The Butterfly (colloquially among swimmers known as fly) is a swimming stroke swum on the breast, with both arms moving simultaneously, accompanied by the butterfly kick (also known as the “dolphin kick”). While other styles like the breaststroke, front crawl, or backstroke can be swum adequately by beginners, the butterfly is a more difficult stroke that requires good technique as well as strong muscles. It is the newest swimming style swum in competition, first swum in 1933 and originating out of breaststroke.
The peak speed of the Butterfly is faster than that of the front crawl, due to the synchronous pull/push with both arms. Yet since speed drops significantly during the recovery phase, it is overall slightly slower than the front crawl.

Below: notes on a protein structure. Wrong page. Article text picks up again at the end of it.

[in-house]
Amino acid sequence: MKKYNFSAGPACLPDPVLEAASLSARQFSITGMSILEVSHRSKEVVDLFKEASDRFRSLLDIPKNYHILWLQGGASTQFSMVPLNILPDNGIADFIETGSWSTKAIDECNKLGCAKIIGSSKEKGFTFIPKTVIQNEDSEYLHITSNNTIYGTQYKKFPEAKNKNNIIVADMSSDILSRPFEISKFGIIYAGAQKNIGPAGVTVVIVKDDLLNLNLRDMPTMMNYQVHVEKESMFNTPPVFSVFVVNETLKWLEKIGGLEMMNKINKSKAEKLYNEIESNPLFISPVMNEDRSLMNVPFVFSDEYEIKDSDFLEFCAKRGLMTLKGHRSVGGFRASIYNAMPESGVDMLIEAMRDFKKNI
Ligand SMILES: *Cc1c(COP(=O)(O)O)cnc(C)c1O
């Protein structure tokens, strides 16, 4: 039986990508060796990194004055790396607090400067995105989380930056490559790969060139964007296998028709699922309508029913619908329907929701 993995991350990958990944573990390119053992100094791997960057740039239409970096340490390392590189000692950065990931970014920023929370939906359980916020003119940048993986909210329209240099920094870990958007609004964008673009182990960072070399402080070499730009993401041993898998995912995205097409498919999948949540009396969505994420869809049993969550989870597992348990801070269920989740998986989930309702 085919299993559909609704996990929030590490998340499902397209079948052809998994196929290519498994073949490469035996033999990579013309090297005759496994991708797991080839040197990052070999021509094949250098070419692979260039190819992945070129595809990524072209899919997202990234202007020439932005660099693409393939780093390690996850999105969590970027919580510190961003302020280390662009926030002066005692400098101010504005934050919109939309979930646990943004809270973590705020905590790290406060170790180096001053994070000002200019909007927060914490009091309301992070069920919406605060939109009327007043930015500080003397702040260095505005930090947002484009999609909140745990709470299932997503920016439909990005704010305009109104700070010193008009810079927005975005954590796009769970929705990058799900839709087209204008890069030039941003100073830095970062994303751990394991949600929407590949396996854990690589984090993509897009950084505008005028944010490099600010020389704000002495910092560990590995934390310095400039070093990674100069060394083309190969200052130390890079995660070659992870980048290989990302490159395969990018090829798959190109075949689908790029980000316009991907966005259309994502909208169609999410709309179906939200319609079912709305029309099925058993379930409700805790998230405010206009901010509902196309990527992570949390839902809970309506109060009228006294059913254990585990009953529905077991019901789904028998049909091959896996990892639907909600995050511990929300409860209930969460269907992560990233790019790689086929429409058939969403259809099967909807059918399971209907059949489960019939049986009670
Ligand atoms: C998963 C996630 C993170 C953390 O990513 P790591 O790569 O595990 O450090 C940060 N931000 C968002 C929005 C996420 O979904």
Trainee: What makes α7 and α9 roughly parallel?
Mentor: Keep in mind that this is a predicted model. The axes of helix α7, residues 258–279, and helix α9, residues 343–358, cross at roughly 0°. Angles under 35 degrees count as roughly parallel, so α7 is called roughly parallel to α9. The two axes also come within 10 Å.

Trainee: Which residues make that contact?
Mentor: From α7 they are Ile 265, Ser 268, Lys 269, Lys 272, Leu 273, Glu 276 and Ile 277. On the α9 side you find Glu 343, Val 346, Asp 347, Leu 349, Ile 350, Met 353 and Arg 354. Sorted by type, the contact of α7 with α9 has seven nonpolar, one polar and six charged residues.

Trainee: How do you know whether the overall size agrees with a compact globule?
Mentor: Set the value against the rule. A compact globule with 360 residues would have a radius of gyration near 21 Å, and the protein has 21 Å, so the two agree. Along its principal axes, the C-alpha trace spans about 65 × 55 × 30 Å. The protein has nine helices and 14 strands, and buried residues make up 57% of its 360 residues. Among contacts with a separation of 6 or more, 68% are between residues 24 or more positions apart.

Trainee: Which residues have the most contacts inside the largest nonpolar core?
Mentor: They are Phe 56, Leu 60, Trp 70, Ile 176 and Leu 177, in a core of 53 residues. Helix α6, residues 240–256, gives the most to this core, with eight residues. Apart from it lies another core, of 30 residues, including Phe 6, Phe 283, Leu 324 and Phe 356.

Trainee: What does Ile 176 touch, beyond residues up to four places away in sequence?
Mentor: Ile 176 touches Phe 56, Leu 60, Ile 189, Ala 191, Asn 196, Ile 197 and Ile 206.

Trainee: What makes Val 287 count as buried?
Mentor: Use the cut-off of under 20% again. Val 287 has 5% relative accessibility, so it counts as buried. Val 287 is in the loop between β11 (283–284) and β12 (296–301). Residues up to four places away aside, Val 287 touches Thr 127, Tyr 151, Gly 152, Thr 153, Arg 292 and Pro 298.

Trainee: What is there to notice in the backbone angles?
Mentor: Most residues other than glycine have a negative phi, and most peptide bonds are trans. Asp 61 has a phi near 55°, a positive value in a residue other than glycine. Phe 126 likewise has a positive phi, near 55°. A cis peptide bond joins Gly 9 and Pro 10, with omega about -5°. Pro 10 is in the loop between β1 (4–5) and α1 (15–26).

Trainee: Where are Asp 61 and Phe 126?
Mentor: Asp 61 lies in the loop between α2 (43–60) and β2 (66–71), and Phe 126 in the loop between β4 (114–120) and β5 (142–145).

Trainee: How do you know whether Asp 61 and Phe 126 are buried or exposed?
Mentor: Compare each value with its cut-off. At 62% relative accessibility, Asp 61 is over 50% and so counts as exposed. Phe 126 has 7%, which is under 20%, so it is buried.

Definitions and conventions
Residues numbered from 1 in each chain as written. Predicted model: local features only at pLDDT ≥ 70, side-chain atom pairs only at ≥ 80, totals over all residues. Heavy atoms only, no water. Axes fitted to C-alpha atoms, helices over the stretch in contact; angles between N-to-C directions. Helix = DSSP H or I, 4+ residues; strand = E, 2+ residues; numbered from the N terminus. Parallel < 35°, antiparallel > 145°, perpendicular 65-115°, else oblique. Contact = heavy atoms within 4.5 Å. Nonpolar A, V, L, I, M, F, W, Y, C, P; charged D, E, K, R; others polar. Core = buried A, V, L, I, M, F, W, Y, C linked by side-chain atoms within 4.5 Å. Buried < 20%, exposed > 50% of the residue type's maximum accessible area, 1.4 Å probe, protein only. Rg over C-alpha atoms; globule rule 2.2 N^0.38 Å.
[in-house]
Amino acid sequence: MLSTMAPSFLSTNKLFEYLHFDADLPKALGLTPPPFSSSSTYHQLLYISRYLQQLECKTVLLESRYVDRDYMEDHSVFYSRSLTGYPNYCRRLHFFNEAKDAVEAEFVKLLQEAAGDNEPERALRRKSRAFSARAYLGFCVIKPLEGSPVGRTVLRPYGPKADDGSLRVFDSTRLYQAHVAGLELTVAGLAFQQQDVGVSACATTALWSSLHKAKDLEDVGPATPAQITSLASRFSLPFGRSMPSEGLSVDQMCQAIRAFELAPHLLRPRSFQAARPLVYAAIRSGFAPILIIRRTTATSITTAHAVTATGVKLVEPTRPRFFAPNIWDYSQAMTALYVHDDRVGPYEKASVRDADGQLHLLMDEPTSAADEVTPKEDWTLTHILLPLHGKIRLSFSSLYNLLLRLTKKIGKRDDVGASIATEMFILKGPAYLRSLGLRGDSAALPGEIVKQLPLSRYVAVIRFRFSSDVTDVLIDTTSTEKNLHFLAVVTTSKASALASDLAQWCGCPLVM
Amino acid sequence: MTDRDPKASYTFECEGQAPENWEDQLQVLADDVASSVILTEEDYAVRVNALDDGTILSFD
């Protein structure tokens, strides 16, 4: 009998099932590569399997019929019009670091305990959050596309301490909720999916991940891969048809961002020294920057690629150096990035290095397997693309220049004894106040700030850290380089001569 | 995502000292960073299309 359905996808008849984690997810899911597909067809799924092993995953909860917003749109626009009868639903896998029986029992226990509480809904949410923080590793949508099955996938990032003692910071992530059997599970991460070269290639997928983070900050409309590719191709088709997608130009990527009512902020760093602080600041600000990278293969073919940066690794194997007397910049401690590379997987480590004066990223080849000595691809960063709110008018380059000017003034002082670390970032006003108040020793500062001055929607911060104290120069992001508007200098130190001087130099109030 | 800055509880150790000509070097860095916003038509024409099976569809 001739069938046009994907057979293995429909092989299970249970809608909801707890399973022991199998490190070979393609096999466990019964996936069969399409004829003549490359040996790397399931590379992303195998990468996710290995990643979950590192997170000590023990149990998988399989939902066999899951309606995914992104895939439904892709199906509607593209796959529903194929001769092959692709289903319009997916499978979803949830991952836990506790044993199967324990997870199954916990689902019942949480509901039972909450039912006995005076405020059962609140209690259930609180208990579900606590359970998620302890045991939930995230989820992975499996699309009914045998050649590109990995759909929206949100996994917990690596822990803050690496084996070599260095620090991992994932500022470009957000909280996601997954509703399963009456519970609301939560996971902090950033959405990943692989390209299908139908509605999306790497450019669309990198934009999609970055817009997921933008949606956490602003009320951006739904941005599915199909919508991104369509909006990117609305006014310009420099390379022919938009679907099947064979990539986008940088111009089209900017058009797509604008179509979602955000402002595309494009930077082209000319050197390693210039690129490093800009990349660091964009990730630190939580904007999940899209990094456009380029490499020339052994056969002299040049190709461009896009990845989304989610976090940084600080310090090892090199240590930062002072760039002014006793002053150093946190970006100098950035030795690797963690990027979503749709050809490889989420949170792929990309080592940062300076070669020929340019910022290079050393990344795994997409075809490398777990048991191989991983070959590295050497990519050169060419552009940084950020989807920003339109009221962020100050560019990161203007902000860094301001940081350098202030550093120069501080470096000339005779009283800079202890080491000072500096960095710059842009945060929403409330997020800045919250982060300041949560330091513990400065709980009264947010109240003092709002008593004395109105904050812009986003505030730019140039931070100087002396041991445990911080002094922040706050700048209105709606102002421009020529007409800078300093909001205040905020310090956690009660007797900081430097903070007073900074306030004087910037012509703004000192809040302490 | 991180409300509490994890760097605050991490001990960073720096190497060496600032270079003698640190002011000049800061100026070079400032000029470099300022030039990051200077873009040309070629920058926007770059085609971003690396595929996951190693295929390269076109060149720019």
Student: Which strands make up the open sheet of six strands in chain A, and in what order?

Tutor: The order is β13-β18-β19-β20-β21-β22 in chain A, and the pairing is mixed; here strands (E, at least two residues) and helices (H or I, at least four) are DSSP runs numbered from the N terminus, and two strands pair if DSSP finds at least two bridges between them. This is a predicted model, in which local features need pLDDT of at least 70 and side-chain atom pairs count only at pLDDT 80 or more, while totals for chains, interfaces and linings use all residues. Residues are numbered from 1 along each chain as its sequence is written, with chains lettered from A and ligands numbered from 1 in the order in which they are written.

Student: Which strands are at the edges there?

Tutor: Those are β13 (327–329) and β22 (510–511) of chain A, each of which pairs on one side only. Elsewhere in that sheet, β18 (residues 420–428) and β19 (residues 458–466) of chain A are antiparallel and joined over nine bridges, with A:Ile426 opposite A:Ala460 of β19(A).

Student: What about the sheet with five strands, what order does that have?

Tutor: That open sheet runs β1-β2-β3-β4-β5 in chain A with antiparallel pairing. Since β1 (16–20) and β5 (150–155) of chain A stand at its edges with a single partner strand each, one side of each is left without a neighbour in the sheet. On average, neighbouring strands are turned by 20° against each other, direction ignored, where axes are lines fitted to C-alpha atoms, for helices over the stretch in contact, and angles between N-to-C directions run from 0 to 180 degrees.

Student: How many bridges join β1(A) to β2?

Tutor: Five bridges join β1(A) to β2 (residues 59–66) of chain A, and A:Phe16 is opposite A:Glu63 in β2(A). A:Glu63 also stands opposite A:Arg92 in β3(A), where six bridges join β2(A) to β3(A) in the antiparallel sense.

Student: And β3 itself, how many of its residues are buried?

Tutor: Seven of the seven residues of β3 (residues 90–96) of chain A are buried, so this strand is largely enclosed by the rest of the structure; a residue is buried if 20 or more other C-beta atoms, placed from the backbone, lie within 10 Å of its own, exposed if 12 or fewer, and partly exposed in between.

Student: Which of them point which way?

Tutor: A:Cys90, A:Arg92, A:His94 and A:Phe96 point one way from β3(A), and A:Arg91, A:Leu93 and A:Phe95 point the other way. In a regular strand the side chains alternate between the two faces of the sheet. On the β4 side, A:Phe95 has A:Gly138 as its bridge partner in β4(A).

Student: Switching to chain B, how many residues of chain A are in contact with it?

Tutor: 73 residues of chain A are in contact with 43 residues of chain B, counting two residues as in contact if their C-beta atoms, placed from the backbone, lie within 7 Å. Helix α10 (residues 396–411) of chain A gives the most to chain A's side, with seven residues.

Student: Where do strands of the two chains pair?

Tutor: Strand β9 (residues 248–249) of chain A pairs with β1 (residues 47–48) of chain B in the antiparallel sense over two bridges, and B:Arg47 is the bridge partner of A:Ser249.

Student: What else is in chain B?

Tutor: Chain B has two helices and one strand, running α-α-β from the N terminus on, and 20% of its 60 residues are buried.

The breaststroke, backstroke, and front crawl can all be swum easily even if the swimmer’s technique is flawed. The butterfly, however, is unforgiving of mistakes in style; it is very difficult to overcome a poor butterfly technique with brute strength. Many swimmers and coaches consider it the most difficult swimming style. The main difficulty for beginners is the synchronous over-water recovery, especially when combined with breathing, since both arms, the head, shoulders and part of the chest have to be lifted out of the water for these tasks. Once efficient technique has been developed, it becomes a smooth, fast stroke.